Typical and Atypical Brain Development: A SEPA Project for Grades 3-6

We seek funding under the Scientific Education Partnership Award (SEPA) program (PAR-96-052) for a three-year project to support the development and evaluation of a model biobehavioral science education partnership program (Phase I). Scientists at the Eunice Kennedy Shriver Center in Waltham, MA. will partner with local elementary school educators and administrators to develop curriculum for use with children in grades 3-6.

Our goal is to provide children with learning experiences that will establish the foundation for broad, socially connected understanding of how the brain works and how brain functioning relates to behavior. To do so, we plan to take advantage of the environment and resources of the Shriver Center, a center of interdisciplinary scientific research, training, and clinical service activities. Our project may be unique in that there will be an explicit, hands-on-focus on showing how various scientific disciplines (neurobiology, behavioral neuroscience, genetics, etc.) work together to understand biobehavioral phenomena. The project is also unique in that the curriculum will explicitly contrast typical and atypical development. By doing this, we hope to teach children that variations in development are normal and determined by understandable or potentially understandable interactions between genes, brain development, and environment.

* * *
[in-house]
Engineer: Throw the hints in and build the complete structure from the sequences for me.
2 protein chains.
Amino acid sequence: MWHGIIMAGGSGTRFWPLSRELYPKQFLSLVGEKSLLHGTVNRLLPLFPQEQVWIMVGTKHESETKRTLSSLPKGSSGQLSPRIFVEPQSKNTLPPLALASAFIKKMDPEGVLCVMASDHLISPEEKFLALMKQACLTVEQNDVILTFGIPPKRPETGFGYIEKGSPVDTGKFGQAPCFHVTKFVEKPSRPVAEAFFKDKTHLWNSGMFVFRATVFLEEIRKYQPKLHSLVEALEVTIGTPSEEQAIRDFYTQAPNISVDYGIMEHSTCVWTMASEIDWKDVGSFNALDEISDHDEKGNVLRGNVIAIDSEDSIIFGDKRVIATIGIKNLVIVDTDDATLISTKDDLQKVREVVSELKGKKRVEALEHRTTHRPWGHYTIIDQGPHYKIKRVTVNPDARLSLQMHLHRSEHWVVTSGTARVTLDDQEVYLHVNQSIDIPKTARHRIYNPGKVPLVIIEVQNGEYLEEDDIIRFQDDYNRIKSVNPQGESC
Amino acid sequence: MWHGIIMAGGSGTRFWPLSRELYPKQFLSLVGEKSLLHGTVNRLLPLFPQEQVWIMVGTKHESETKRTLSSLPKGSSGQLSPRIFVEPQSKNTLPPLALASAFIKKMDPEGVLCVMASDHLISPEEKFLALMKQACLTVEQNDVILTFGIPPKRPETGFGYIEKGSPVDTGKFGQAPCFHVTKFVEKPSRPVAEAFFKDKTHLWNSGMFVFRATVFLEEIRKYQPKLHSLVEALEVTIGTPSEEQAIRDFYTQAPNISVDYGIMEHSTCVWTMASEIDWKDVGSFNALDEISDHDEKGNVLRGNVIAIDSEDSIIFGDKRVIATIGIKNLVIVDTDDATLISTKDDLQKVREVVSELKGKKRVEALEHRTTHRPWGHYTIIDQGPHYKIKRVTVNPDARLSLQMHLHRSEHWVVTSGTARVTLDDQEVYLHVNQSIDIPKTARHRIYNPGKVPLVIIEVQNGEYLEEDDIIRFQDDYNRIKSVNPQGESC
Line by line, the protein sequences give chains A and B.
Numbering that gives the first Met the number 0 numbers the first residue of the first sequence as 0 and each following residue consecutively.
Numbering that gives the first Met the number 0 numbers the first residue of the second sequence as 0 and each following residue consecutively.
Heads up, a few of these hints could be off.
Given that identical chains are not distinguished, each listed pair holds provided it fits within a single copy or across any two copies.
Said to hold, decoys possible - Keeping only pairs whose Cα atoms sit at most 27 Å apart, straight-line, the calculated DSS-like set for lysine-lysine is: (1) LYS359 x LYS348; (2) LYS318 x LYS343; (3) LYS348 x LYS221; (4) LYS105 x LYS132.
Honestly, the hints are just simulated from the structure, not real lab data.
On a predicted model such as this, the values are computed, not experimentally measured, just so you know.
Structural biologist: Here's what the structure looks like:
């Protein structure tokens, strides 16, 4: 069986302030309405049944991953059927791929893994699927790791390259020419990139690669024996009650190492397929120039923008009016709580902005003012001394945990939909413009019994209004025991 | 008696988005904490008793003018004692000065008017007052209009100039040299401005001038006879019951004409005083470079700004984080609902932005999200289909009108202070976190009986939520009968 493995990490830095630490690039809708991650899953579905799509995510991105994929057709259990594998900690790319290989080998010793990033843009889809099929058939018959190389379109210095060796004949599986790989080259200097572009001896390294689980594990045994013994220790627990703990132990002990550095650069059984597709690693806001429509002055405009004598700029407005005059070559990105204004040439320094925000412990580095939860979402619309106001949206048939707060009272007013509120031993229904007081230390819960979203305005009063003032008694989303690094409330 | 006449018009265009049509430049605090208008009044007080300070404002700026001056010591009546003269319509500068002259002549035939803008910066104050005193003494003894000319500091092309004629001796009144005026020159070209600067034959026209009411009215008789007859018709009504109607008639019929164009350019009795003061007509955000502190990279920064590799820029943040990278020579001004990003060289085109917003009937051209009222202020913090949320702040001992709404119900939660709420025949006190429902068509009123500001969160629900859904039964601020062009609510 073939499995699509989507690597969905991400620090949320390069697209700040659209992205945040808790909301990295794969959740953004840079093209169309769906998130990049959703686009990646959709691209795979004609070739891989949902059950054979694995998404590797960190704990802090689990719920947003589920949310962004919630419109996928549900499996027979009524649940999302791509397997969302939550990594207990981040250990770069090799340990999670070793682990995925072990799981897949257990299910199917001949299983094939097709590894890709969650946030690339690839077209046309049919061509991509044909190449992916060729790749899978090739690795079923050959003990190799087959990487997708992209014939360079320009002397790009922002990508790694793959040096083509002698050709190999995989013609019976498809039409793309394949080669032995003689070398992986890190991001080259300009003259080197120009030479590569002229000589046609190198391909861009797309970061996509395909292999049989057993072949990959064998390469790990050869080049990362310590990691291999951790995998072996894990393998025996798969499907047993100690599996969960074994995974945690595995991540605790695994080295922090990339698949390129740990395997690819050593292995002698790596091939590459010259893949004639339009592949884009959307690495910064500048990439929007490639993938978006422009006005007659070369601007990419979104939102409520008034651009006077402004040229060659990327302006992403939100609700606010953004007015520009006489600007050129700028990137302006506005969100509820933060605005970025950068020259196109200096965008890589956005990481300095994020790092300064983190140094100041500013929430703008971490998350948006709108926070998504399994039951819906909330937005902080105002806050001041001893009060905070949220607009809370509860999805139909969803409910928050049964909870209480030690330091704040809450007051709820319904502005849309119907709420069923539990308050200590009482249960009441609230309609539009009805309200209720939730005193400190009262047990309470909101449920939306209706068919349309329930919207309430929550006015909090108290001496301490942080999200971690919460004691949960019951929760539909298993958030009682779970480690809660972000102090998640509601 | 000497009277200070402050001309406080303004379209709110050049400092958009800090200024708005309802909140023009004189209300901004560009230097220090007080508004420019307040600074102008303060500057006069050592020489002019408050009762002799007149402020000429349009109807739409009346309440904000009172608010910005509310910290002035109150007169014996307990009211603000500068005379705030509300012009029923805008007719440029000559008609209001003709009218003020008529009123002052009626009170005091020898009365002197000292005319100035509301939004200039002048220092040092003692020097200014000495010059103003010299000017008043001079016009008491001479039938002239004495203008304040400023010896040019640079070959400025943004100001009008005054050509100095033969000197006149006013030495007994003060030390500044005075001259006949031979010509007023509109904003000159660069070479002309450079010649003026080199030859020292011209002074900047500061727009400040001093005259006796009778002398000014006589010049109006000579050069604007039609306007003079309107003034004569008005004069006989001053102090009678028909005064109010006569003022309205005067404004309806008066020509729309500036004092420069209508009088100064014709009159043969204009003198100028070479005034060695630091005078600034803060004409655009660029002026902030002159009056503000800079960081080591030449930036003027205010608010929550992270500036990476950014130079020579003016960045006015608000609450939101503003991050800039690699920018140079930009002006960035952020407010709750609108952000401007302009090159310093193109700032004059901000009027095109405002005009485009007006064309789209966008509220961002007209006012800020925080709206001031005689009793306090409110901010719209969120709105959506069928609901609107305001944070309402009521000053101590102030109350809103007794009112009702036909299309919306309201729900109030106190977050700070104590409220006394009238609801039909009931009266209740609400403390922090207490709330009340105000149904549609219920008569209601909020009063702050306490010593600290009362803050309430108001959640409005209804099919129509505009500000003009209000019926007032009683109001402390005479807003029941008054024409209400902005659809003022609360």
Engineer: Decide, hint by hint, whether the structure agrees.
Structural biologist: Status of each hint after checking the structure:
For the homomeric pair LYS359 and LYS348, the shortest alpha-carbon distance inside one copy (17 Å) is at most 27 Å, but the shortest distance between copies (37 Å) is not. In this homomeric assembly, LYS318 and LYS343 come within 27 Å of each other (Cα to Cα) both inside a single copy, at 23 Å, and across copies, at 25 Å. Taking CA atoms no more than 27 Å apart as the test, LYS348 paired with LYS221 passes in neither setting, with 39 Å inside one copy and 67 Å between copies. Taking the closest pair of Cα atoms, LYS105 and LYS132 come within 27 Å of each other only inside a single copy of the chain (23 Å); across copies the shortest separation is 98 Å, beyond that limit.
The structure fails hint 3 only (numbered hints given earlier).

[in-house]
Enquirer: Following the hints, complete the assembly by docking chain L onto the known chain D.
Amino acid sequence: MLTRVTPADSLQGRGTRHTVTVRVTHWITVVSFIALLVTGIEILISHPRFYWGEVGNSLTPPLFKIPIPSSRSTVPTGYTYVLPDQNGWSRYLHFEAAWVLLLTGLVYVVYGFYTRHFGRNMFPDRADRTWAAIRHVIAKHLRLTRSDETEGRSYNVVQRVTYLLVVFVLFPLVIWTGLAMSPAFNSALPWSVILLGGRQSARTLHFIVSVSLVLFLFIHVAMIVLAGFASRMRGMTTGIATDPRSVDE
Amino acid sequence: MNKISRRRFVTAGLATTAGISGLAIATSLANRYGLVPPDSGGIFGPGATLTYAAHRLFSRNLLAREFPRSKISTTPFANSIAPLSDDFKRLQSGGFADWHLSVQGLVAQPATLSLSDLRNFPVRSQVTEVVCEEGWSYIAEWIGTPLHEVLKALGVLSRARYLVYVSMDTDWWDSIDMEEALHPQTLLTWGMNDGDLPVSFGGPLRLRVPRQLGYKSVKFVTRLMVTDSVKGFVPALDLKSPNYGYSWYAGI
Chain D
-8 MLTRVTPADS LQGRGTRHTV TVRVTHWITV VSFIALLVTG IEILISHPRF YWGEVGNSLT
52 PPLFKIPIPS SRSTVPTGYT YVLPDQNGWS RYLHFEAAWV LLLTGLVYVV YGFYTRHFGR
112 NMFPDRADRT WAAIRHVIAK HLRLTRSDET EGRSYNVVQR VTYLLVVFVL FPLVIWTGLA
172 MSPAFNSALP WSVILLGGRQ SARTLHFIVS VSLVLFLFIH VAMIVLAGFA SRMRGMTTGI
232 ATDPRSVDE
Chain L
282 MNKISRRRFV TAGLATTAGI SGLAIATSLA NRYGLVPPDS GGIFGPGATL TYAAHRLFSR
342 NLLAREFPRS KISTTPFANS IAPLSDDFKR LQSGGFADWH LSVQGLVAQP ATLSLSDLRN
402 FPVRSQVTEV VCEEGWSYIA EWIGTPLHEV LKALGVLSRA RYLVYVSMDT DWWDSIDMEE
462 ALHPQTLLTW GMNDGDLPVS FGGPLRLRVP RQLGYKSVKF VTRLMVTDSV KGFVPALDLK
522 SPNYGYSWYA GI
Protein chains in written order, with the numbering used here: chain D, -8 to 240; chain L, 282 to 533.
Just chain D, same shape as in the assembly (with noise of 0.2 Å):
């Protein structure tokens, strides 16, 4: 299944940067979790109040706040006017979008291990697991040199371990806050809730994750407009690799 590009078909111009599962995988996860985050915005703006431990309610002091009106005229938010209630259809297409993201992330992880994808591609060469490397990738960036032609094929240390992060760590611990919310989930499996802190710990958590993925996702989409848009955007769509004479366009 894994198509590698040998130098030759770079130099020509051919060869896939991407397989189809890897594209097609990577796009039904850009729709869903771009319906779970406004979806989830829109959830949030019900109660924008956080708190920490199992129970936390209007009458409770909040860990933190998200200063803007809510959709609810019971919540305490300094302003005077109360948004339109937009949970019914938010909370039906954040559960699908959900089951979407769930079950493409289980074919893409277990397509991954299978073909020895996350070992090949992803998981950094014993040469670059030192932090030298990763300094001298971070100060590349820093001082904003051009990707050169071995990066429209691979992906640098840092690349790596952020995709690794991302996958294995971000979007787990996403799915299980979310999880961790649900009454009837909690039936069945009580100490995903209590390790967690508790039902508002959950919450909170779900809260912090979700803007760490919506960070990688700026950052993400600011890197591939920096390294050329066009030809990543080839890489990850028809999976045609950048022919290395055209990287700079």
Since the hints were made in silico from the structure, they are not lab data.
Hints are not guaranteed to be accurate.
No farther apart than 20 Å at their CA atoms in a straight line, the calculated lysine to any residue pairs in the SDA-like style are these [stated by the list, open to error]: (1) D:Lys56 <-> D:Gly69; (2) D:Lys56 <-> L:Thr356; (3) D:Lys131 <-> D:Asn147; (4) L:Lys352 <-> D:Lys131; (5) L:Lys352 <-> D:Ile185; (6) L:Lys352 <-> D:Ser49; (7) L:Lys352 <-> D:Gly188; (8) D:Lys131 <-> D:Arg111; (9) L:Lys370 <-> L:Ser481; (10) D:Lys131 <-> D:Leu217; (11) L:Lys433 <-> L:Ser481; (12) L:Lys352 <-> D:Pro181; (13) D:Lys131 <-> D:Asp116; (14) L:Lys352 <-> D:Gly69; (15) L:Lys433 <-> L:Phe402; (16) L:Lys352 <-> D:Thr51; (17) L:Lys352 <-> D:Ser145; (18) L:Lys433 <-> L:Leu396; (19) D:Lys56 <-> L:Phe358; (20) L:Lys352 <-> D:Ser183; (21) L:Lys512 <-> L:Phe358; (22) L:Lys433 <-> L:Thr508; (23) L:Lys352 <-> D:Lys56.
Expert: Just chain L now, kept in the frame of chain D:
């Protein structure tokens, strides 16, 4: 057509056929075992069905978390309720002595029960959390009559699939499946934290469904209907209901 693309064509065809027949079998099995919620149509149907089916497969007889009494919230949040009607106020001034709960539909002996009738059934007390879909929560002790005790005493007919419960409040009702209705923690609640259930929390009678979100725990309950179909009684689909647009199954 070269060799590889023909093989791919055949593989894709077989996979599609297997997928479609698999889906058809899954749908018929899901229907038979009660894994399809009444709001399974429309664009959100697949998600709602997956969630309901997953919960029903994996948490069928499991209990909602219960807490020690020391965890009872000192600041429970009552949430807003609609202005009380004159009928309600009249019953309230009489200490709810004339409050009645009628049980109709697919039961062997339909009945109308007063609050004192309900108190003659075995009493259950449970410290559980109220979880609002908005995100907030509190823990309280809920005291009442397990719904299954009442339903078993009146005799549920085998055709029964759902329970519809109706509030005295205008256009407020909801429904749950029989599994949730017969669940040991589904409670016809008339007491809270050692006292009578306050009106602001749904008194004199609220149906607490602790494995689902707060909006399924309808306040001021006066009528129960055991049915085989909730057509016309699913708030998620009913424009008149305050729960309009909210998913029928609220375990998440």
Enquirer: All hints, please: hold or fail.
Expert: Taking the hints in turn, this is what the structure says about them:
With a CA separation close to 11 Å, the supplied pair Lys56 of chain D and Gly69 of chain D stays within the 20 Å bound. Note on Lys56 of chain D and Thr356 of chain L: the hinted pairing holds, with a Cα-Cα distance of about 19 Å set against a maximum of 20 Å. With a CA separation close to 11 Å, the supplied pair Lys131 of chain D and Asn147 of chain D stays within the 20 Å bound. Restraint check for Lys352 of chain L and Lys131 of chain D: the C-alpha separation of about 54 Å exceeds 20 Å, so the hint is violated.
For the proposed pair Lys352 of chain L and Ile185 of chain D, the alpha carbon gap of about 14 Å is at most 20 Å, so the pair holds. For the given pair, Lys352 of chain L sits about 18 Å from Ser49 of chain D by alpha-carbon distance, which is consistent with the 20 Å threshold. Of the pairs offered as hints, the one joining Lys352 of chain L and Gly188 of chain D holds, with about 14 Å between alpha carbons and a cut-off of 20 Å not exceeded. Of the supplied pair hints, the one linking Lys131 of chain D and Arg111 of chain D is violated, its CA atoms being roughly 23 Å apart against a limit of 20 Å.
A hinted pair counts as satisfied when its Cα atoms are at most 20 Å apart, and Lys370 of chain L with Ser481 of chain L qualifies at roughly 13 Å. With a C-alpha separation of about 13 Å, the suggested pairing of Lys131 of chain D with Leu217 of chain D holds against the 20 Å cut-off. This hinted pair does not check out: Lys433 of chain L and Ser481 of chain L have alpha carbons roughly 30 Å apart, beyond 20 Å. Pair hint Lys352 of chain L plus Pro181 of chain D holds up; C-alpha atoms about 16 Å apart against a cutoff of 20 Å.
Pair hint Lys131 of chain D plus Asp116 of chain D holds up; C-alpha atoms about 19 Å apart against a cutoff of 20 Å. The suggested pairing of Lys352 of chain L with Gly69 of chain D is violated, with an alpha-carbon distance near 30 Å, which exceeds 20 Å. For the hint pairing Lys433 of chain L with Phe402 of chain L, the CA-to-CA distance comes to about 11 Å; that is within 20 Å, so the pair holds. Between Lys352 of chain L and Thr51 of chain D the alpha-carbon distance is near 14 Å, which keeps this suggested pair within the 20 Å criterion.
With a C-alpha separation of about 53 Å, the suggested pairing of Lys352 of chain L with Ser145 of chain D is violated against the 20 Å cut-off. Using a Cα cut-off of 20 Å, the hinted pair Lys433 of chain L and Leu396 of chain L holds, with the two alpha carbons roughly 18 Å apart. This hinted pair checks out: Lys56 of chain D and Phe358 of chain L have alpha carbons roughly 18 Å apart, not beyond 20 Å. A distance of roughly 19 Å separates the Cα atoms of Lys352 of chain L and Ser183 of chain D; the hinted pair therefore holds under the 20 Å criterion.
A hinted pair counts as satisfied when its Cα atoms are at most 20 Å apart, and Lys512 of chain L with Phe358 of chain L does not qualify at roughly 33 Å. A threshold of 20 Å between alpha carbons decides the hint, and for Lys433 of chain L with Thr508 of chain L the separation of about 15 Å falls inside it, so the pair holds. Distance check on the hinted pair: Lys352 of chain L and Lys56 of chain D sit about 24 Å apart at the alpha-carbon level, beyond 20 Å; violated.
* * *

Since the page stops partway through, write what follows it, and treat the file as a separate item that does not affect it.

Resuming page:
In developing our curriculum, we plan a multi-track, multi-modal approach that recognizes that children are a heterogeneous group with different histories, strengths, and interests. It will consist of classroom demonstrations, small group cooperative learning exercises, and computer-assisted self-study programs, with appropriate branching options to accommodate individual differences in performance. To publicize our activities and to set the stage for dissemination, we will maintain an up-to-date website that communicates the major features of the curriculum and solicits broader impute to and participation in the development effort.

This project is supported by grant R25 RR13433, from the Science Education Partnership Award (SEPA) Program, National Center for Research Resources, National Institutes of Health, DHHS.

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